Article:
Comments to Nissan LEAF Advisory Board

Following are a few of my thoughts about driving better electrically in an all-electric car:

1. What you’ve learnt about your car in 2019?
First, we have a 2012 LEAF SL that we purchased in 2013. After personally driving this LEAF for 2 years, I realized that it just didn’t have the range that I required to drive comfortably to Canadian cities, like Montreal and Quebec city, and most importantly, our annual drive to Florida. So, I relegated this beautiful burgundy LEAF to my wife for her local drives around town and to visit the Grandchildren.

 She loves it, mostly. Being the first affordable EV on the market, it lacked range and heat. So, from time to time, she’ll come in and complain about the range. But, only because it goes quickly down to 50 Km. She has never gotten close to 22 km and we typically only charge it to 80% to make sure that we prolong the life of the battery. Her other comment is that occasionally the outside temperature goes below freezing and the car does not keep her warm, even though she has a heated seat and heated steering wheel.

Again, we don’t drive it December to March, so this is really not a serious concern … at least not for more than one or two days per year.

 2. What were your highlights and what were your lowlights?

It immediately became our main car even though we kept a Prius as our “Main” car and expected that our LEAF would be our “second” car. However, the Prius stayed in the driveway while we used the LEAF almost exclusively. Our annual drives to Florida were the main exception.

 3. Finally, we’d like you to list the top 3 priority areas that Nissan need to focus on when working on the next generations of LEAF?

Absolutely, you must amalgamate somehow with Tesla’s amazing and virtually global SuperCharger network of well-spaced, really Fast SuperChargers along all of the major routes and cities. This one major move on Nissan’s part will put you right next to Tesla at the top of the EV pyramid. You will never look back.

 If you could then add over-the-Air S/W updates, you’ll be the king of EV’s. Toyota will die a slow death, along with all of your competitor’s who refuse to learn and keep up. This will not be easy … but it will be worth the effort. Guaranteed!

 ~ Erik

Making the Jump to an Electric Car

To Car Drivers:

While we have almost Ten thousand drivers driving better electrically, most drivers are still driving regular “ICE” (Internal Combustion Engine) or Prius or Hybrid cars. So, I would like to address this majority because I feel that most of these drivers would seriously consider replacing their current Car with an Electric Car, either one of the Teslas or any of the other 11 available fully electric drives.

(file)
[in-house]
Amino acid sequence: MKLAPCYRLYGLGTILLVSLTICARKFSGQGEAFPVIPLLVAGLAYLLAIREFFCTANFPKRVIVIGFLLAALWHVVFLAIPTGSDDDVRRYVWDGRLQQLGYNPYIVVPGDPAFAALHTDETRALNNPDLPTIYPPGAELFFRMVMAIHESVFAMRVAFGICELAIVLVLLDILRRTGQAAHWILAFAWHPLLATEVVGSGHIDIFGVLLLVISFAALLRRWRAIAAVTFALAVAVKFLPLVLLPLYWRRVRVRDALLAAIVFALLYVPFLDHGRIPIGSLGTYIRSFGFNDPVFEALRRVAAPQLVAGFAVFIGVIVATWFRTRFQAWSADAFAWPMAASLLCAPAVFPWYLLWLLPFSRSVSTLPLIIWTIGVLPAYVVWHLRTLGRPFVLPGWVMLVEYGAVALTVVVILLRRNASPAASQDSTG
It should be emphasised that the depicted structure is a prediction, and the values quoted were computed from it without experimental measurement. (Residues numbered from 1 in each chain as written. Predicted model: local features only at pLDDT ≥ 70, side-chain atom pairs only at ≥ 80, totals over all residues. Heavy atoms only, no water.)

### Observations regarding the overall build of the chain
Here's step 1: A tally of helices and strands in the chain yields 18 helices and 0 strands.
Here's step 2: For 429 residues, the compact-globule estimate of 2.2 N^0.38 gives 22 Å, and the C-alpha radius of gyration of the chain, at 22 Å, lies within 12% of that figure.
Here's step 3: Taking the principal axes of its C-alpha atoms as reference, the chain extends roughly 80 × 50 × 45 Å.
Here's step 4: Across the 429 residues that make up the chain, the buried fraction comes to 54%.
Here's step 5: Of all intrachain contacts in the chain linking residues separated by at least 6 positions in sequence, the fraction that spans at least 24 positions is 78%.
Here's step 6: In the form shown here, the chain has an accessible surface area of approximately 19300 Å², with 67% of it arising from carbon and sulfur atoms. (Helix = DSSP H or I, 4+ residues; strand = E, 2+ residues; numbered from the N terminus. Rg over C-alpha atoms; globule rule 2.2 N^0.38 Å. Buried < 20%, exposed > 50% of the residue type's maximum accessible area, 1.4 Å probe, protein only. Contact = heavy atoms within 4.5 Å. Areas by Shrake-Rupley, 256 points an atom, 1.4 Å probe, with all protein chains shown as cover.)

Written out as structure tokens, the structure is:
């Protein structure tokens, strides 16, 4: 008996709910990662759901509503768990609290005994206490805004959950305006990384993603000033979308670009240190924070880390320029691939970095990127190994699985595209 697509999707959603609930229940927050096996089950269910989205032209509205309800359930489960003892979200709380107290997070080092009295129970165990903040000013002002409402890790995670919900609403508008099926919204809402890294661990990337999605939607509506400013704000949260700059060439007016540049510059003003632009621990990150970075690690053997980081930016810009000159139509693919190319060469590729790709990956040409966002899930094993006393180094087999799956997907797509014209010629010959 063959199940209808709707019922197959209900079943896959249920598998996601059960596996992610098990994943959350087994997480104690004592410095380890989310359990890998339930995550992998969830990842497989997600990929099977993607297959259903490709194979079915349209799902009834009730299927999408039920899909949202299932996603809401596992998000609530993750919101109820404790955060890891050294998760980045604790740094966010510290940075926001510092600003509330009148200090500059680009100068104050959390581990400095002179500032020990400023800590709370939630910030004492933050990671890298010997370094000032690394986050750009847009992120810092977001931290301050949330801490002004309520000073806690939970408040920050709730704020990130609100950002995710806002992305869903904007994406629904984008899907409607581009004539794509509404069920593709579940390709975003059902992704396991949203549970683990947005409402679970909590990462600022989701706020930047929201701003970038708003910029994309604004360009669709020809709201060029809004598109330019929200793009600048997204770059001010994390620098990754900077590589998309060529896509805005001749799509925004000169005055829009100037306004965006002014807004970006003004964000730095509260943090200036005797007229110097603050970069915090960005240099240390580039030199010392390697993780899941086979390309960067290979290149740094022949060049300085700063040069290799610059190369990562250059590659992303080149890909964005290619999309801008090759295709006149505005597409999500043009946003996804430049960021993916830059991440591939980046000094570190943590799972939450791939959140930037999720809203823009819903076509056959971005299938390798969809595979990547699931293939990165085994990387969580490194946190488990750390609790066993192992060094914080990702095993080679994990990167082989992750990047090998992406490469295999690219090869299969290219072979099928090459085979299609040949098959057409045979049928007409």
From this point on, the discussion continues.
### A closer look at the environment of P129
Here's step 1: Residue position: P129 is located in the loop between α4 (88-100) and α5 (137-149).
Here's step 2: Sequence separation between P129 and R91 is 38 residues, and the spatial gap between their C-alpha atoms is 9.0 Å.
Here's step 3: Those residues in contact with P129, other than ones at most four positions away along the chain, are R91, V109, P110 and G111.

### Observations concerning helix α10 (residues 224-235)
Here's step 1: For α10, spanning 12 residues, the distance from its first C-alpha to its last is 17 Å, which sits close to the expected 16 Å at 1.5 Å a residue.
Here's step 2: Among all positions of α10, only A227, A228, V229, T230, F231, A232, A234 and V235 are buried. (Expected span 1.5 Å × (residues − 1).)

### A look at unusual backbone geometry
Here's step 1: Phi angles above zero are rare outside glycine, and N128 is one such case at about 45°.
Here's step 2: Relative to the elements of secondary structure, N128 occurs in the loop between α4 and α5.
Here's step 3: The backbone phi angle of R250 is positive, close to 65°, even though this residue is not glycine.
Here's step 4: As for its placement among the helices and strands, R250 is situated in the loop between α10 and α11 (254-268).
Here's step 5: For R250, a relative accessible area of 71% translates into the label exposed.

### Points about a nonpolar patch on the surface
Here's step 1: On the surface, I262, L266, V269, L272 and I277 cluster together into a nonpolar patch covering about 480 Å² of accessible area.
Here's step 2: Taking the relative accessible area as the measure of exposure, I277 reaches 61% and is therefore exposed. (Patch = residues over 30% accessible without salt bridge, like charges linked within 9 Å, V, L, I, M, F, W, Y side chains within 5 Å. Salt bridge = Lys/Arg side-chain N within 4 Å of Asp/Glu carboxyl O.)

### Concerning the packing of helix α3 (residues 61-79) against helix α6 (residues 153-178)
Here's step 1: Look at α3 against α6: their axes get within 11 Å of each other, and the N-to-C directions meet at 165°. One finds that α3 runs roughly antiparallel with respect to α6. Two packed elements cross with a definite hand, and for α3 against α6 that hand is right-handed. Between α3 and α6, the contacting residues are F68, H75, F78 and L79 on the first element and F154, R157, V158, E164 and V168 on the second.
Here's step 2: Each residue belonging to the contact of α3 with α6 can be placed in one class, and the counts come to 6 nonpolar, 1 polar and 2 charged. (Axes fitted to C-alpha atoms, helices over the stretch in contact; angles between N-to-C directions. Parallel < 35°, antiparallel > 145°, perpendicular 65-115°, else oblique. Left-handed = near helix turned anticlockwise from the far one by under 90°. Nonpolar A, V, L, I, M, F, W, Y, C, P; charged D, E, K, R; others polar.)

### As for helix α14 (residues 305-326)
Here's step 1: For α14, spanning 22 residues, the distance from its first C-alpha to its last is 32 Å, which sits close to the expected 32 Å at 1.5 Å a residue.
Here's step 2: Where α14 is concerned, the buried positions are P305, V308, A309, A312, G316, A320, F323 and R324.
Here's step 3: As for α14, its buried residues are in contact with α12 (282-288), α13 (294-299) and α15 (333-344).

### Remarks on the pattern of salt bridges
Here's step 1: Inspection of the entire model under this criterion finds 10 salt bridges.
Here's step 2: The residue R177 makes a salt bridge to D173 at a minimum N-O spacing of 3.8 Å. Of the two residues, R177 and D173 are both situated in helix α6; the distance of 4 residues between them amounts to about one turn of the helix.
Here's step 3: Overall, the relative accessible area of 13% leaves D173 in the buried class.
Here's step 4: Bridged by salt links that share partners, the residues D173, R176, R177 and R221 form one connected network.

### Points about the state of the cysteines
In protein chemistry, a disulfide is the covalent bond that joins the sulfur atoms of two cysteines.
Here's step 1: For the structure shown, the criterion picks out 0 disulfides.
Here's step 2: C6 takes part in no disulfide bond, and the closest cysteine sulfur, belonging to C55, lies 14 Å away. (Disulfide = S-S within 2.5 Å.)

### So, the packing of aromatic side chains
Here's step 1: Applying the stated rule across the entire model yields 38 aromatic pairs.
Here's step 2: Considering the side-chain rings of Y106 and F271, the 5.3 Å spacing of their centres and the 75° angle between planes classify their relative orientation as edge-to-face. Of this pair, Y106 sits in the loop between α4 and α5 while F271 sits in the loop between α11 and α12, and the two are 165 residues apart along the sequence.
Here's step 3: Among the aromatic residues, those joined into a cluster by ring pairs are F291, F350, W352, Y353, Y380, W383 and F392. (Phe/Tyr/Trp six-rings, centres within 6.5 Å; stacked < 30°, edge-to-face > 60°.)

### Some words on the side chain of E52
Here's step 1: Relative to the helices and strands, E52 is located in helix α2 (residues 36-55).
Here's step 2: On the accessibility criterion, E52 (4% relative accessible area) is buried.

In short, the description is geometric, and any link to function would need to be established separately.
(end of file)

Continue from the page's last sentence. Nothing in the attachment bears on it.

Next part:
I am a member of the “Nissan Global LEAF Advisory Board”, an online forum of LEAF drivers who make relevant comments about EV driving in general plus specific comments about their LEAF experiences. I have just submitted some comments to this forum and it seemed logical to share these comments with you.

Following are my submissions for your edification …

~ Erik

“My Electrical Engineer Dad told me how inefficient these stupid Gas Engines are when I was about 15 years old. He went on to explain how efficient an electric motor is and how easy it is to design an Electric Car with just a motor and a whole bunch of batteries. So, I set out to design an EV (Electric Vehicle) with a motor from a retired streetcar and fill the engine cavity and trunk with lots of lead-acid batteries (Remember, this was in the mid-1900’s, before Li-Ion batteries were readily available.)

Fast forward to our new millennium, and naturally, with this technical upbringing and my own Electric Engineering diploma, I was one of the early adapters of a Prius Hybrid in 2003 and drove several of them for a decade. Then came the Chevy EV-1 and the Tesla Roadster … quickly followed by the more affordable Nissan LEAF. So, mid-2013, I inquired about a LEAF and my Toronto Maple dealer located the very last 2012 LEAF in Canada and offered it to me with a $10,000 deduction, along with an Ontario rebate of $8500. Obviously, I couldn’t turn my back on a brand new all Electric Car for $22,000!